Curriculum Review Schedule
We have worked to align our review and adoption schedule to match OSPI’s curriculum and standards review timelines, as OSPI periodically conducts formal instructional materials reviews in various subjects as a service to school districts. Washington is not a state-mandated instructional materials adoption state; the cycle by which the state reviews materials is largely dependent on the availability of state resources. Likewise, the district’s review and adoption schedule is always subject to change based on availability of funds.
Using the following link, you can access the last Washington State Learning Standards Development and Revision Cycle document published by OSPI. The results of state-led reviews are meant as resources for school districts undergoing their own local review and/or adoption processes. State law requires school districts to have policies and procedures in place that guide their selection and adoption of instructional materials for use in classrooms.
Social Studies &
World Languages (K-12)
World Languages (K-12)
The Arts &
Curriculum Review and Adoption Process
Each year, Deer Park School District forms an Instructional Materials Review committee to review curriculum and make any necessary recommendations for adoption of “core” classroom materials (and discuss/explore alternative core and supplementary materials). The district’s goal is to provide the most up-to-date, research-based, and appropriate learning materials for teachers and students. Standards-aligned and modern curriculum materials are critical tools for classroom learning. In the hands of our teachers, such materials are intended to move the vast majority of students through mastery of fundamental concepts to deeper thinking. Review committees are composed of certified staff and subject-matter experts to help the district meet this goal.
How does the adoption process work?
- The adoption process is defined by the Revised Code of Washington (RCW 28A.320.230), DPSD Board Policy (in conjunction with Board Procedure) and the Deer Park Education Association’s contract (Article VII, Section 7). The Instructional Materials Committee (IMC) is made up of administrators and teachers – as well as qualified community members – and a non-voting chairperson (superintendent or designee…typically, the Director of Teaching and Learning). The committee is generally convened annually to evaluate instructional materials, ensuring that adopted curriculum fits with the District’s mission and outcomes for student learning. The review and adoption schedule is always subject to change based on availability of funds.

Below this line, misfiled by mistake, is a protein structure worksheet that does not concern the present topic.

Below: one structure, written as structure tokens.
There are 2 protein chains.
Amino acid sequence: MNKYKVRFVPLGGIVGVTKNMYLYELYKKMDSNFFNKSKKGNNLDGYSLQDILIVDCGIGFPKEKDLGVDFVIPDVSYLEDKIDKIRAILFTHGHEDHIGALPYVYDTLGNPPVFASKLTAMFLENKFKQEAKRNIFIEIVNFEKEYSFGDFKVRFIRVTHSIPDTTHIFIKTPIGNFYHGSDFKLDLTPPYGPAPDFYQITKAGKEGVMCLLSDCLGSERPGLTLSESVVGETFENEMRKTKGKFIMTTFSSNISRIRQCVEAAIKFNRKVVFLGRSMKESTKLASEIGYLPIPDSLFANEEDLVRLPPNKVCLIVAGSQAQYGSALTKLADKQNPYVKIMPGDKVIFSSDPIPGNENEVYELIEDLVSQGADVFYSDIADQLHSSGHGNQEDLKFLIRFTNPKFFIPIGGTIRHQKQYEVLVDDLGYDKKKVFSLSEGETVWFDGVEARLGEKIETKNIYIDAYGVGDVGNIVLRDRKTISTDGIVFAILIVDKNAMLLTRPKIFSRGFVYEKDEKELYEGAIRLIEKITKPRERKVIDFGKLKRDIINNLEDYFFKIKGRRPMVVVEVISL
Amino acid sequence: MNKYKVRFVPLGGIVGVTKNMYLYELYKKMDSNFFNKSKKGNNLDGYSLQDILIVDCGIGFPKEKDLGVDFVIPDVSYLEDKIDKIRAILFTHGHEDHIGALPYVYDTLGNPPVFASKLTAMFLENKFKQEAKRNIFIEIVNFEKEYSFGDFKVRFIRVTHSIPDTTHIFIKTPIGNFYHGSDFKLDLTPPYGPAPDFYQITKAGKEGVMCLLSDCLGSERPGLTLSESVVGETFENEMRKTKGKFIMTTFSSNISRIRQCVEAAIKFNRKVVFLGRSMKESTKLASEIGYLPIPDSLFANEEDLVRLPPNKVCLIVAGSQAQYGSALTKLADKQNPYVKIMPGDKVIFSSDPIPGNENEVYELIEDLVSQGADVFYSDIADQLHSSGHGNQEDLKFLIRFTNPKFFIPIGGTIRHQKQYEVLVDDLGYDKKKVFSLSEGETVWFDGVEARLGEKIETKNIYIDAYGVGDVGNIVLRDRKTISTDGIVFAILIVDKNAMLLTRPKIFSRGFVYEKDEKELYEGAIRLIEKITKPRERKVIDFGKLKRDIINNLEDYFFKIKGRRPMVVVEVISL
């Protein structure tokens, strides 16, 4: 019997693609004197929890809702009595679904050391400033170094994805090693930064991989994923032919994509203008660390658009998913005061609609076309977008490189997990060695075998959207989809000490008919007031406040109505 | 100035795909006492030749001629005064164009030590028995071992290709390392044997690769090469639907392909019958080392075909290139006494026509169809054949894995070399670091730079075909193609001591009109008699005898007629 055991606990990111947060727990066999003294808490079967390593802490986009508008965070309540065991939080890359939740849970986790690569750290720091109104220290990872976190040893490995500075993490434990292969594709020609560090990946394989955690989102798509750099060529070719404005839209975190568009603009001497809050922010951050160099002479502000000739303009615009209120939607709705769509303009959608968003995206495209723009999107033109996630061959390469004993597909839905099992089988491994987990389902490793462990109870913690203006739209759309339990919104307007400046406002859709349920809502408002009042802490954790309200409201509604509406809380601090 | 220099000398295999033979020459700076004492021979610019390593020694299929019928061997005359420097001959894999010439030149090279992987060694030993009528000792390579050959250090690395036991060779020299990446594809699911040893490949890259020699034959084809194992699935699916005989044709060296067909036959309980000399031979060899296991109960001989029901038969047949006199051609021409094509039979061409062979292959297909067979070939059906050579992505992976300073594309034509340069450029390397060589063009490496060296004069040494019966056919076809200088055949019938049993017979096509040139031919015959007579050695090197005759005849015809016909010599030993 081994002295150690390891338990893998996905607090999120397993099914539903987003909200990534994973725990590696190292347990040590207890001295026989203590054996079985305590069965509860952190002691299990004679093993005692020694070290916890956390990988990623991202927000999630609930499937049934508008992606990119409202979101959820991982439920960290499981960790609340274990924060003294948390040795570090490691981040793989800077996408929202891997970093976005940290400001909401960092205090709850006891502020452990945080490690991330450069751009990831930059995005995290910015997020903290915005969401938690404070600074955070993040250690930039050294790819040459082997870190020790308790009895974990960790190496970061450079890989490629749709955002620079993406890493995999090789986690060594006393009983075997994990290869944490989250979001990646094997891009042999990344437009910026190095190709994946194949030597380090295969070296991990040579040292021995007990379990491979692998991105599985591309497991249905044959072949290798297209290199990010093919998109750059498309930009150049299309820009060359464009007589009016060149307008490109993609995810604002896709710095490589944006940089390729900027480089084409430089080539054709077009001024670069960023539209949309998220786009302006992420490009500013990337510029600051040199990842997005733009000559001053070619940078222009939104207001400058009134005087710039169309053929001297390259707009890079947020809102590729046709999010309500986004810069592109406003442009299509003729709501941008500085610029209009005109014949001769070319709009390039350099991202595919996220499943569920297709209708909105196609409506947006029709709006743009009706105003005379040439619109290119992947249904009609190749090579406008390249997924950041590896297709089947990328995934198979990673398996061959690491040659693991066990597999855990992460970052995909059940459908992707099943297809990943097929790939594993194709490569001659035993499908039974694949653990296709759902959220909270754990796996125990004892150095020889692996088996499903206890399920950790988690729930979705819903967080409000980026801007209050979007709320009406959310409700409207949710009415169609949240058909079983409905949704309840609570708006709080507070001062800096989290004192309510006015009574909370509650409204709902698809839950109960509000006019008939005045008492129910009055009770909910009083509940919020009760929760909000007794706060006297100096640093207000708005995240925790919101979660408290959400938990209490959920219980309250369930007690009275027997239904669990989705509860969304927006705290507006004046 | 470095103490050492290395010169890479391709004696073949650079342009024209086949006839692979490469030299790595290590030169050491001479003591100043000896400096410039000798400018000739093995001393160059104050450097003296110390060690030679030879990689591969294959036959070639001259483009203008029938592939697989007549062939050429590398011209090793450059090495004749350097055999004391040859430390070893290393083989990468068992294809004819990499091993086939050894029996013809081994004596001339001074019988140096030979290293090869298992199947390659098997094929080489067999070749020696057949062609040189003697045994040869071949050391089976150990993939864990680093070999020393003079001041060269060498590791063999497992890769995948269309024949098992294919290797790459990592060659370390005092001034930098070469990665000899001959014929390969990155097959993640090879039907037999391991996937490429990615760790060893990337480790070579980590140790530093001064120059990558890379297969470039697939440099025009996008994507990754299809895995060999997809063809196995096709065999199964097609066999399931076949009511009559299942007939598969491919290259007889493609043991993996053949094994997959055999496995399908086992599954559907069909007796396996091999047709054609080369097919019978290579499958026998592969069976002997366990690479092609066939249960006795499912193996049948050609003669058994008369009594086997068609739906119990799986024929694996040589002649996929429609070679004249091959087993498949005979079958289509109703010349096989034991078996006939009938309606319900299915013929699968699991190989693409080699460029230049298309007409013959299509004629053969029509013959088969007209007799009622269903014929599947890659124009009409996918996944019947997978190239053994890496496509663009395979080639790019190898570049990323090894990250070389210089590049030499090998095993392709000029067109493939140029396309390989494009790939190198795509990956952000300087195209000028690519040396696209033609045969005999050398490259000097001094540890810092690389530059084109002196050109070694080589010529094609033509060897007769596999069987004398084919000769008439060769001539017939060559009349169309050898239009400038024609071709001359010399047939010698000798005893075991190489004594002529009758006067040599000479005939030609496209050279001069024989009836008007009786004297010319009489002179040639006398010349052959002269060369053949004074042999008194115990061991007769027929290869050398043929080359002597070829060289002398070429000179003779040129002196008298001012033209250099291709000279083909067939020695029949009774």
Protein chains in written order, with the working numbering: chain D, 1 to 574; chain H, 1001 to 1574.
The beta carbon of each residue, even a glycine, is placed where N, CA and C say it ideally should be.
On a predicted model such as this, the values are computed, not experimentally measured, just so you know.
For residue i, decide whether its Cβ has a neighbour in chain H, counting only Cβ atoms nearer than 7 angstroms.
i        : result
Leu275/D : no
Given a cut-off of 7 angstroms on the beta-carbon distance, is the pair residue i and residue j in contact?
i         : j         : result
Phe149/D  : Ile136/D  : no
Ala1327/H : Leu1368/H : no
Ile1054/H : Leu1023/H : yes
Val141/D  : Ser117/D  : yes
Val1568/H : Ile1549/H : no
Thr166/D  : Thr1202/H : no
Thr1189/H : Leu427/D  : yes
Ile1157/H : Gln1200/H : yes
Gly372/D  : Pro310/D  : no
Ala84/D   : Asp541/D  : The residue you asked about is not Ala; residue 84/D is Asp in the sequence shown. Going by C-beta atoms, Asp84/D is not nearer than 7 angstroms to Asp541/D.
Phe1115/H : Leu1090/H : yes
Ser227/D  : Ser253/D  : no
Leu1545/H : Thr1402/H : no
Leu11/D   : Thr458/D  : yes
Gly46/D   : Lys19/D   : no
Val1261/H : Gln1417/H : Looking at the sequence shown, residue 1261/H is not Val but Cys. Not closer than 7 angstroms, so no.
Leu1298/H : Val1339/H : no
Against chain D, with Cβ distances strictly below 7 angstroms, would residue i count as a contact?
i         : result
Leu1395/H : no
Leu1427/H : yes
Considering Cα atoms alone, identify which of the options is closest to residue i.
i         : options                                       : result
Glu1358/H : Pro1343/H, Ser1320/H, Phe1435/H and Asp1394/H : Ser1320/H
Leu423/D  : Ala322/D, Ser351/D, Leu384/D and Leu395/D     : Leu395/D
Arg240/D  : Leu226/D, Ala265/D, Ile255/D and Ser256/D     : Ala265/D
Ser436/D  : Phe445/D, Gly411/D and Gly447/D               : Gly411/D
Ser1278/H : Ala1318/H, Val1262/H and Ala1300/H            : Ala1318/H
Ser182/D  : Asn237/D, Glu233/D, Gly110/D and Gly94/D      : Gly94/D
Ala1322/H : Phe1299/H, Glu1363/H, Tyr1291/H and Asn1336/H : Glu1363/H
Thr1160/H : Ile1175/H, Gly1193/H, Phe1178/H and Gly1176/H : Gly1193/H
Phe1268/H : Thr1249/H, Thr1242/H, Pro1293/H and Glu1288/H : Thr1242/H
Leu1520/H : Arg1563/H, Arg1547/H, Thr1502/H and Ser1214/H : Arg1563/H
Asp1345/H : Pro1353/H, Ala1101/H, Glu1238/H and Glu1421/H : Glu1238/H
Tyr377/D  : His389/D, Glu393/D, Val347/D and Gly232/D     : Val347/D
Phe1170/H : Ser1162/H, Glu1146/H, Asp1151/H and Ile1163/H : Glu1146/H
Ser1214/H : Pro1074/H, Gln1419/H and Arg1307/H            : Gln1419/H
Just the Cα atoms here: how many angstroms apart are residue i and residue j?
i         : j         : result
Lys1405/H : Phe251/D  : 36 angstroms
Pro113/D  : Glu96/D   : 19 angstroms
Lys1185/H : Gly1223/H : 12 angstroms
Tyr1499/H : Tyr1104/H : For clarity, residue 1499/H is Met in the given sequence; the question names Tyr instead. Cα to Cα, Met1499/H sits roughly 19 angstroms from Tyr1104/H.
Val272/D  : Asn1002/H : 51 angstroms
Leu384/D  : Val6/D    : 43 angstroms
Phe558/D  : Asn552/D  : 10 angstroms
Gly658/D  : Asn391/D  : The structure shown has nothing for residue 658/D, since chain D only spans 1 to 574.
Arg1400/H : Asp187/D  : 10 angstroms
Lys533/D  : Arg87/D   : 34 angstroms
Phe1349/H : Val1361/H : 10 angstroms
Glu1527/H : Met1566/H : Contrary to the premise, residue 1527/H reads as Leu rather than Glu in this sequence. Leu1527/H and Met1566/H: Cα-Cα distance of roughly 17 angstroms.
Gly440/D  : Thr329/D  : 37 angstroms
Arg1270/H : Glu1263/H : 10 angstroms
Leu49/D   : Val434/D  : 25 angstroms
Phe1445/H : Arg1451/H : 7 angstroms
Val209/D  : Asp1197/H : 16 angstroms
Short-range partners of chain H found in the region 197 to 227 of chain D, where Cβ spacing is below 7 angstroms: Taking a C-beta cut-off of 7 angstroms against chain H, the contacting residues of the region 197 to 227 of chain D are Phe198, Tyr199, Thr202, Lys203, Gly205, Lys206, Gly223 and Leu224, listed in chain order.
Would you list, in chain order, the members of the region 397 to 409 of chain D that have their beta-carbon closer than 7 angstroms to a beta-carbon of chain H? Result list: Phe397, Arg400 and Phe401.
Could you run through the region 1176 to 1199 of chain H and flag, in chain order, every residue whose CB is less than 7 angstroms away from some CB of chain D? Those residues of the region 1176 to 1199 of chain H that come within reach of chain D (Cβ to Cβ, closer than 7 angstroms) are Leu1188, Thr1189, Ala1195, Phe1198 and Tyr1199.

- The IMC process is legally required and the committee is the only body authorized to send an adoption recommendation to the School Board.
- Materials undergo an initial intensive review process, lead by the IMC. The committee evaluates the instructional content of recommended materials according to specific selection criteria. This ensures they comply with state law and district policy (for example, no bias or prejudice) and that the content is developmentally appropriate and covers necessary standards. Next, the committee selects its top choices (generally 2 or 3) and engages in extensive field testing. The IMC’s final decision kicks off a formal public review of the materials with opportunity for comments. The IMC’s recommendation and public comments then go to Deer Park’s School Board, which has the option to approve the adoption. If not approved, the District retains the current curriculum until the adoption process can be repeated.
The Office of the Superintendent of Public Instruction maintains a webpage with up to date information about instructional materials – OSPI: Instructional Materials Reviews and Supports – as well as information about OSPI’s legislative mandate to develop a library of Open Educational Resources (OERs) aligned with the Common Core State Standards Open Educational Resources (reviewed library). If you have questions regarding anything in relation to Teaching and Learning in Deer Park, please call (464.5500).
2019-20 Teaching and Learning Committees
Kindergarten: Stacia Henning, Leanna Lehr
First Grade: Megan Burfeind, Callisa Engler
Second Grade: Nancy Howard
Third Grade: Sam Howard, Monica Emtman
Fourth Grade: Kathy Sanborn, Patti Griggs
Fifth Grade: Sydney Barcellos, Ryan Farrell
Social Studies Standards:
Action Plan for 2019-20
March 19, 2019